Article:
Three Part Question
In [patients requiring intraosseous access] is [the manual intraosseous infusion device or the semi-automatic intraosseous infusion device] better at [achieving intraosseous access in the prehospital setting]?
Gaining vascular access in the prehospital environment is often challenging. In the circumstance where an intravenous (IV) insertion is delayed or unobtainable, intraosseous (IO) insertion should be attempted. The manual intraosseous infusion device and the semi-automatic intraosseous infusion device are both available, so you question which device offers the best rate of success, accuracy and user satisfaction in the prehospital setting.
Medline (EBSCO) was searched from 1950 to the end of May 2010, CINAHL (Ovid SP) from 1982 to the end of May 2010 and EMBASE (EMBASE/Elsevier) from 1980 to the end of May 2010 using an established prehospital filter. The references of relevant articles were also reviewed.
Medline was searched using the following strategy: (Emergency medical service$.sh OR emergency medical technic$.sh OR ambulance$.sh OR air ambulance$.sh OR military medicine.sh OR emergency treatment.sh OR emergency medicine.sh OR first aid.sh) AND (pre-hospital.ti OR pre-hospital.tw OR prehospital.ti OR prehospital.tw OR out of hospital.tw OR out-of-hospital.tw OR (ambulance$ or air ambulance$).tw OR paramedic$.ti,tw) AND (infusion.tw OR intraosseous.tw OR IO.tw OR vascular access.tw OR bone injection.tw OR devices.tw) LIMIT to (Humans AND English).
CINAHL was searched using the following strategy: (Emergency medical service$.sh OR emergency medical technic$.sh OR ambulance$.sh OR military medicine.sh OR emergency medicine.sh OR emergency care.sh OR emergency patients.sh OR prehospital care.sh OR transportation of patients.sh OR first aid.sh OR mass casualty incident.sh) AND (pre-hospital.ti OR pre-hospital.tw OR prehospital.ti OR prehospital.tw OR out of hospital.tw OR out-of-hospital.tw OR (ambulance$ or air ambulance$).tw OR paramedic$.ti,tw) AND (infusion.tw OR intraosseous.tw OR IO.tw OR vascular access.tw OR bone injection.tw OR devices.tw) LIMIT to (Humans AND English).
EMBASE was searched using the following strategy: (Ambulance*:de OR ‘prehospital care’:de OR 'emergency health service':de OR ‘paramedical personnel’:de OR ‘military medicine':de OR ‘first aid':de OR ‘emergency medicine':de OR ‘emergency treatment':de OR ‘air ambulance':de OR prehospital:de OR paramedic*:ti,ab OR ambulance*: ti,ab OR ‘out-of-hospital':ti,ab OR ‘out of hospital':ti,ab OR ems:ti,ab OR emt:ti,ab OR ‘emergency services':ti,ab OR ‘emergency medical services':ti,ab OR ‘emergency technicians':ti,ab OR ‘emergency practitioner':ti,ab OR ‘emergency dispatch':ti,ab OR ‘emergency despatch':ti,ab OR ‘first responder':ti,ab OR ‘emergency rescue':ti,ab OR ‘emergency resus':ti,ab) AND (‘infusion’:ti,ab OR ‘intraosseous’:ti,ab OR ‘IO’:ti,ab OR ‘vascular access’:ti,ab OR ‘bone injection’:ti,ab OR ‘devices’:ti,ab) LIMIT to (Humans AND English).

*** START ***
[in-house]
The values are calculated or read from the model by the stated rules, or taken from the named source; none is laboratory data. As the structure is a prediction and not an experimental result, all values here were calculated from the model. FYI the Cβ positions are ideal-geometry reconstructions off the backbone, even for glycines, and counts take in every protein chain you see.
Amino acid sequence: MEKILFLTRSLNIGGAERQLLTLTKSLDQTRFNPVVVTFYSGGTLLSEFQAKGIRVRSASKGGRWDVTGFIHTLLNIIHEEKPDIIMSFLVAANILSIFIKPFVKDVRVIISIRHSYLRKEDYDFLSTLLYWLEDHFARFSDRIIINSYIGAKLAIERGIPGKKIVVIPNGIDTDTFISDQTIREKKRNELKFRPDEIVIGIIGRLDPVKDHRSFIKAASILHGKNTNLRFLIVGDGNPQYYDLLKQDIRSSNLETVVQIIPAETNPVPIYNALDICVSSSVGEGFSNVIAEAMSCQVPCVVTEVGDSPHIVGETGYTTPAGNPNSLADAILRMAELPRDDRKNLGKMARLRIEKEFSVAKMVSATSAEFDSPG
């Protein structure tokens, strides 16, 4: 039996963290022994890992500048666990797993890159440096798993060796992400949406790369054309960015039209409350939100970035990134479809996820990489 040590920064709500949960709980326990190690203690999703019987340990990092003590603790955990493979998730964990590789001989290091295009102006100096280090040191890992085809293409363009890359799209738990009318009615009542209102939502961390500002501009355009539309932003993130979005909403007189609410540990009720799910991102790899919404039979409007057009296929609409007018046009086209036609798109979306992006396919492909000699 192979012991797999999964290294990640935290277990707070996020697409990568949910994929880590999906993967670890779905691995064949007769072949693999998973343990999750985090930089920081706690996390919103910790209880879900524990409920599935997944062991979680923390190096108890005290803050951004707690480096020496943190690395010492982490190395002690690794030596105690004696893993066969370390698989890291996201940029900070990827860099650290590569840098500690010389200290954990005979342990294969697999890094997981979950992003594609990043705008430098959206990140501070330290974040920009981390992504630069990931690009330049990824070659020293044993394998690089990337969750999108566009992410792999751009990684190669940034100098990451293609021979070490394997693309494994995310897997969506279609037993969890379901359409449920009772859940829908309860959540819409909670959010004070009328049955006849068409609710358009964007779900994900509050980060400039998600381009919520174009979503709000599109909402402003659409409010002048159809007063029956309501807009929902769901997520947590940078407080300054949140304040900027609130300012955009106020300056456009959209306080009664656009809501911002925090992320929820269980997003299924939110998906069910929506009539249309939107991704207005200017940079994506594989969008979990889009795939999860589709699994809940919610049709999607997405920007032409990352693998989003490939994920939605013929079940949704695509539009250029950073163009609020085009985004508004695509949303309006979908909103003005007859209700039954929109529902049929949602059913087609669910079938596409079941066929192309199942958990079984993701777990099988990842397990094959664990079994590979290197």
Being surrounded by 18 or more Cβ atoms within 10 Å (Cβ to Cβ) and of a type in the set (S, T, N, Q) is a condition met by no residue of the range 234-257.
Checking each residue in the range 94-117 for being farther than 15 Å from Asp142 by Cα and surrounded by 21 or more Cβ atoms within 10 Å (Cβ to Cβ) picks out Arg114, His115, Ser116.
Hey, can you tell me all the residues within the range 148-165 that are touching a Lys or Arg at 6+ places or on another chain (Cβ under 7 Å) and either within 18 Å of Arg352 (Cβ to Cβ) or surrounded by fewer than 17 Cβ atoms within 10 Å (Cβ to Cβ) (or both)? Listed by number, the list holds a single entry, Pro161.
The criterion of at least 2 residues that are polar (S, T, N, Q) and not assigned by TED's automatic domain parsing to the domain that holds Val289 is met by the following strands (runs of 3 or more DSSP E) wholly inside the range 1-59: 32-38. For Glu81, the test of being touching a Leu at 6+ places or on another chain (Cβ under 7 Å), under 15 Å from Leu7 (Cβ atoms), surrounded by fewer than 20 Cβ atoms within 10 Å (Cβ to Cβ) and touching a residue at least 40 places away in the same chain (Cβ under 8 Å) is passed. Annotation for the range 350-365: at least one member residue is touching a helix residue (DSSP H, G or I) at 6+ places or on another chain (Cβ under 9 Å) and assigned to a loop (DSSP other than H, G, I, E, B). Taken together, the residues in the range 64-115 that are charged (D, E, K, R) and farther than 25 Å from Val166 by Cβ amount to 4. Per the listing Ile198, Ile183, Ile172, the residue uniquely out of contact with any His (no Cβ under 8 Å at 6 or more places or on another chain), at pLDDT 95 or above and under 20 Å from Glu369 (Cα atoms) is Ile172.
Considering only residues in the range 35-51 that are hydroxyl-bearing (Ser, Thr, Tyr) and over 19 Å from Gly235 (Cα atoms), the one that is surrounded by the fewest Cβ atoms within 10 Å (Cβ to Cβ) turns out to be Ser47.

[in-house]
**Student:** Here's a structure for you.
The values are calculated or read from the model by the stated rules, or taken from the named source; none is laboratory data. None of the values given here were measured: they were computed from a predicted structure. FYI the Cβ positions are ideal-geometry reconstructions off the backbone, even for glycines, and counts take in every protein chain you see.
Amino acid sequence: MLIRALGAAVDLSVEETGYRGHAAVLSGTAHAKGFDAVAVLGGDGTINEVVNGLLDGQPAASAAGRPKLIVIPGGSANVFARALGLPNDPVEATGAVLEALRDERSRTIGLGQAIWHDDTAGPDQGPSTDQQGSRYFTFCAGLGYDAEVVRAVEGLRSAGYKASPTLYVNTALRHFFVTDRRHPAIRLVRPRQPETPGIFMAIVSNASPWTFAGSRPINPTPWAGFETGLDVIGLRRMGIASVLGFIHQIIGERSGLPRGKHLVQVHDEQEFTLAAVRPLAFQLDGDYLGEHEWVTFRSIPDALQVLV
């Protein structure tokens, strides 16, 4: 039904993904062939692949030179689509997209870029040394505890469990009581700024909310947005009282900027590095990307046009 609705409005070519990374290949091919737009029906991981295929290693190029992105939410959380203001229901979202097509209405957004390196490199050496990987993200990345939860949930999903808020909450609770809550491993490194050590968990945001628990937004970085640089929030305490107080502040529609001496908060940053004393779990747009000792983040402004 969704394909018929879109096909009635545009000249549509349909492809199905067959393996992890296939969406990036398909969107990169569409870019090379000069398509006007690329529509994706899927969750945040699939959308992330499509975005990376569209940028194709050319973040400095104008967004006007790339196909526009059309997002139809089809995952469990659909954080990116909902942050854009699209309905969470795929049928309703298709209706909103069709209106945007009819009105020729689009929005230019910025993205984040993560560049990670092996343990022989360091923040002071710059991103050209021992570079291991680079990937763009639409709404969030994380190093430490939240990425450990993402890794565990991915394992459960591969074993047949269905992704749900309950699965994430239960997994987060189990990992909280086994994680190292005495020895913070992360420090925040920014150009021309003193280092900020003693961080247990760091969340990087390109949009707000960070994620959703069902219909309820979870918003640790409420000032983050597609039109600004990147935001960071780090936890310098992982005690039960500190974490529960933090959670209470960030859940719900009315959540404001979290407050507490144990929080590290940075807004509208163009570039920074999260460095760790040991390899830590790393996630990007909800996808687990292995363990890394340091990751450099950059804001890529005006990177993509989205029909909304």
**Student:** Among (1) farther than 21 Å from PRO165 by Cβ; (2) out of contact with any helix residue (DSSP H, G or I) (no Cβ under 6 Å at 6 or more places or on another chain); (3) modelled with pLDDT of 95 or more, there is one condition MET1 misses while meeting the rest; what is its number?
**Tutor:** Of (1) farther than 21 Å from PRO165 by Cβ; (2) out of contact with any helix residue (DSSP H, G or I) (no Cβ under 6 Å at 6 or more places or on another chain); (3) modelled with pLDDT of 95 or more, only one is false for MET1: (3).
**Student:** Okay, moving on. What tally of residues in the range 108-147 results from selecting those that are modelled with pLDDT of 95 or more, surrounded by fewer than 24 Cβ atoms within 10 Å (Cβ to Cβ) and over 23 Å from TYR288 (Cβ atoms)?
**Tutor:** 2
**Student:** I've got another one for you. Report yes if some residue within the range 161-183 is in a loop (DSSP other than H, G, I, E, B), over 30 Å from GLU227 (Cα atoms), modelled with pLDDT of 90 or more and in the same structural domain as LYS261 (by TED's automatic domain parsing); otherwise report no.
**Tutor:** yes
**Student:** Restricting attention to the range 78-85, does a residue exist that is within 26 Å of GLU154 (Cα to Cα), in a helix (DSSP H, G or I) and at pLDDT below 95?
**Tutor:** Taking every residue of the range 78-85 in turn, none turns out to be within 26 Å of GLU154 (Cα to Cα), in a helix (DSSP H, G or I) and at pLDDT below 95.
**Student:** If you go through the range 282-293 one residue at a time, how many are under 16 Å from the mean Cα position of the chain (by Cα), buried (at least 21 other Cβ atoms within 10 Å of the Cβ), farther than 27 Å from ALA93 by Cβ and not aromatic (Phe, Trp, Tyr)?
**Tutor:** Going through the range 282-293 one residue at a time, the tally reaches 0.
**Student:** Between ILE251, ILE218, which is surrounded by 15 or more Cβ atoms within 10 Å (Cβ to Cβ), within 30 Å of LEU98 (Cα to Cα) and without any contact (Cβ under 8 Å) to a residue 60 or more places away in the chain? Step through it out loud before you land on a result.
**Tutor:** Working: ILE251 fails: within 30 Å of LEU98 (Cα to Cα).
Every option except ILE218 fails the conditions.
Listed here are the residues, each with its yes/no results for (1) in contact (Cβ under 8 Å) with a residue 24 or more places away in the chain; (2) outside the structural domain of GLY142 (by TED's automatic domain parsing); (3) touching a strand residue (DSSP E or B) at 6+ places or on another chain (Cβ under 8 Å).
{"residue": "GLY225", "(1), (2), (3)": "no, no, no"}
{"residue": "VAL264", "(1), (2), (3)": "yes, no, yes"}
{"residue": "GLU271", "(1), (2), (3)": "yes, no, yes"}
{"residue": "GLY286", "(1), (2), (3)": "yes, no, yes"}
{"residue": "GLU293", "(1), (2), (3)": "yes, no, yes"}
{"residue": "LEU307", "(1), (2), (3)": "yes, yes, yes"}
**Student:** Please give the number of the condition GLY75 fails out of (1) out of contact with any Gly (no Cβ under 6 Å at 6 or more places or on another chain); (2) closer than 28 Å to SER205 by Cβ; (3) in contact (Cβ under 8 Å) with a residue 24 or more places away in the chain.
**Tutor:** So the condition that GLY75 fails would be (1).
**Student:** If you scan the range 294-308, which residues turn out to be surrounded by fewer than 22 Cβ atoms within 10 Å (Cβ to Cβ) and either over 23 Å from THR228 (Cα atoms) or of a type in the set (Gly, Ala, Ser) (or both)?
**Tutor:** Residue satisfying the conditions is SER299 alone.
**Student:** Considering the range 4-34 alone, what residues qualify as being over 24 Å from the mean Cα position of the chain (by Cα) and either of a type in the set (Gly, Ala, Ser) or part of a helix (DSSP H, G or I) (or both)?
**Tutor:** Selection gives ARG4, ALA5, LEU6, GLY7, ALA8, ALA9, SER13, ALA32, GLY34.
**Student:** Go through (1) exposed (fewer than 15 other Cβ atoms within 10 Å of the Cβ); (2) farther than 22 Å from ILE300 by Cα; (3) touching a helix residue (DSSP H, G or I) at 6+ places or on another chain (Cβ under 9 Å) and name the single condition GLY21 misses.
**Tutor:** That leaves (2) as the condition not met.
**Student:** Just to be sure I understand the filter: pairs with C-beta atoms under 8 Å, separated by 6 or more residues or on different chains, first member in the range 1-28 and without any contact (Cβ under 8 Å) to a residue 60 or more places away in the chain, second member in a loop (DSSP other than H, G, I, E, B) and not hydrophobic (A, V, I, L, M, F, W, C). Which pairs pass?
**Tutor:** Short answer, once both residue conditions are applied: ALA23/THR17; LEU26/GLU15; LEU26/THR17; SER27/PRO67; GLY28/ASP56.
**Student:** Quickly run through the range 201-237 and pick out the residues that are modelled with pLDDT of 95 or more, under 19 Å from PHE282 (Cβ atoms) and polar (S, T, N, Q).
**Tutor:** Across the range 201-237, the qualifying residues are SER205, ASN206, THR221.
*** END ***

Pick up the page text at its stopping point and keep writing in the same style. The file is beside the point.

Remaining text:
A total of 2100 articles were located in the three databases, of which two were suitable for inclusion
|Author, date and country
||Study type (level of evidence)
|Hartholt et al, |
|65 adults (>14 years old; Jamshidi 15G, BIG 15G or FAST1) and 22 paediatric patients (Jamshidi 15G or BIG 18G)||Randomised controlled trial, single-blinded prospective||Insertion times, success rates, complication rates and user satisfaction were assessed.||The Jamshidi needle was significant quicker to insert than the FAST1 (p=0.002). Success rate, complications and user satisfaction showed no difference. |
Although not reaching statistical significance (p>0.05), the Jamshidi needle had a higher first time success rate and a lower adverse event rate.
|No follow up|
|Frascone et al, |
|89 in 1st field trial (FAST1), 89 in 2nd field trial (EZ-IO)||Prospective pilot study||Success rates and provider comfort were assessed. The insertion times were retrospectively gathered via telephone interviews relying on estimations from the operator. Insertion failures, removal of needle issues and attempts were also recorded, but showed no statistical significance. ||Success rates: FAST1 72% versus EZ-IO 87% (p=0.009). There was no statistically significant difference (p=0.510, p=0.493) in success rates between first attempt or multiple attempt providers. |
Similar user satisfaction. EZ-IO reported to be quicker.
|No power calculation was undertaken.|
Non-randomisation, potential for learning effect, self-reported data. 44% vs 18% using FAST1 vs EZ-IO had at least one prior insertion.
The decision to compare the devices was made in retrospect.
These studies were relatively small and only one was blinded. In the blinded study by Hartholt et al, the manual intraosseous device (Jamshidi) demonstrated better success rates and faster insertion rates compared with the semi-automatic device (BIG). In the unblinded study by Frascone et al, the semi-automatic intraosseous device (EZ-IO) produced better success rates compared with the FAST 1 manual device, although this may be unsurprising given the approach used in this study. Thus, from a clinical perspective, further randomised clinical trials are required to determine the best intraosseous device for the prehospital sector.
Clinical Bottom Line
Traditional manual intraosseous infusion devices have better success rates and faster insertion times compared with semi-automatic intraosseous infusion devices in the prehospital setting.
- Burgess S. The development of an updated prehospital search filter for the Cochrane Library: Prehospital Search Filter Version 2.0. Emerg Primary Health Care 2010:8.
- Hartholt KA, van Lieshout EM, Thies WC, et al. Intraosseous devices: a randomized controlled trial comparing three intraosseous devices. Prehosp Emerg Care 2010;14:6–13.
- Frascone RJ, Jensen JP, Kaye K, et al. Consecutive field trials using two different intraosseous devices. Prehosp Emerg Care 2007;11:164–71.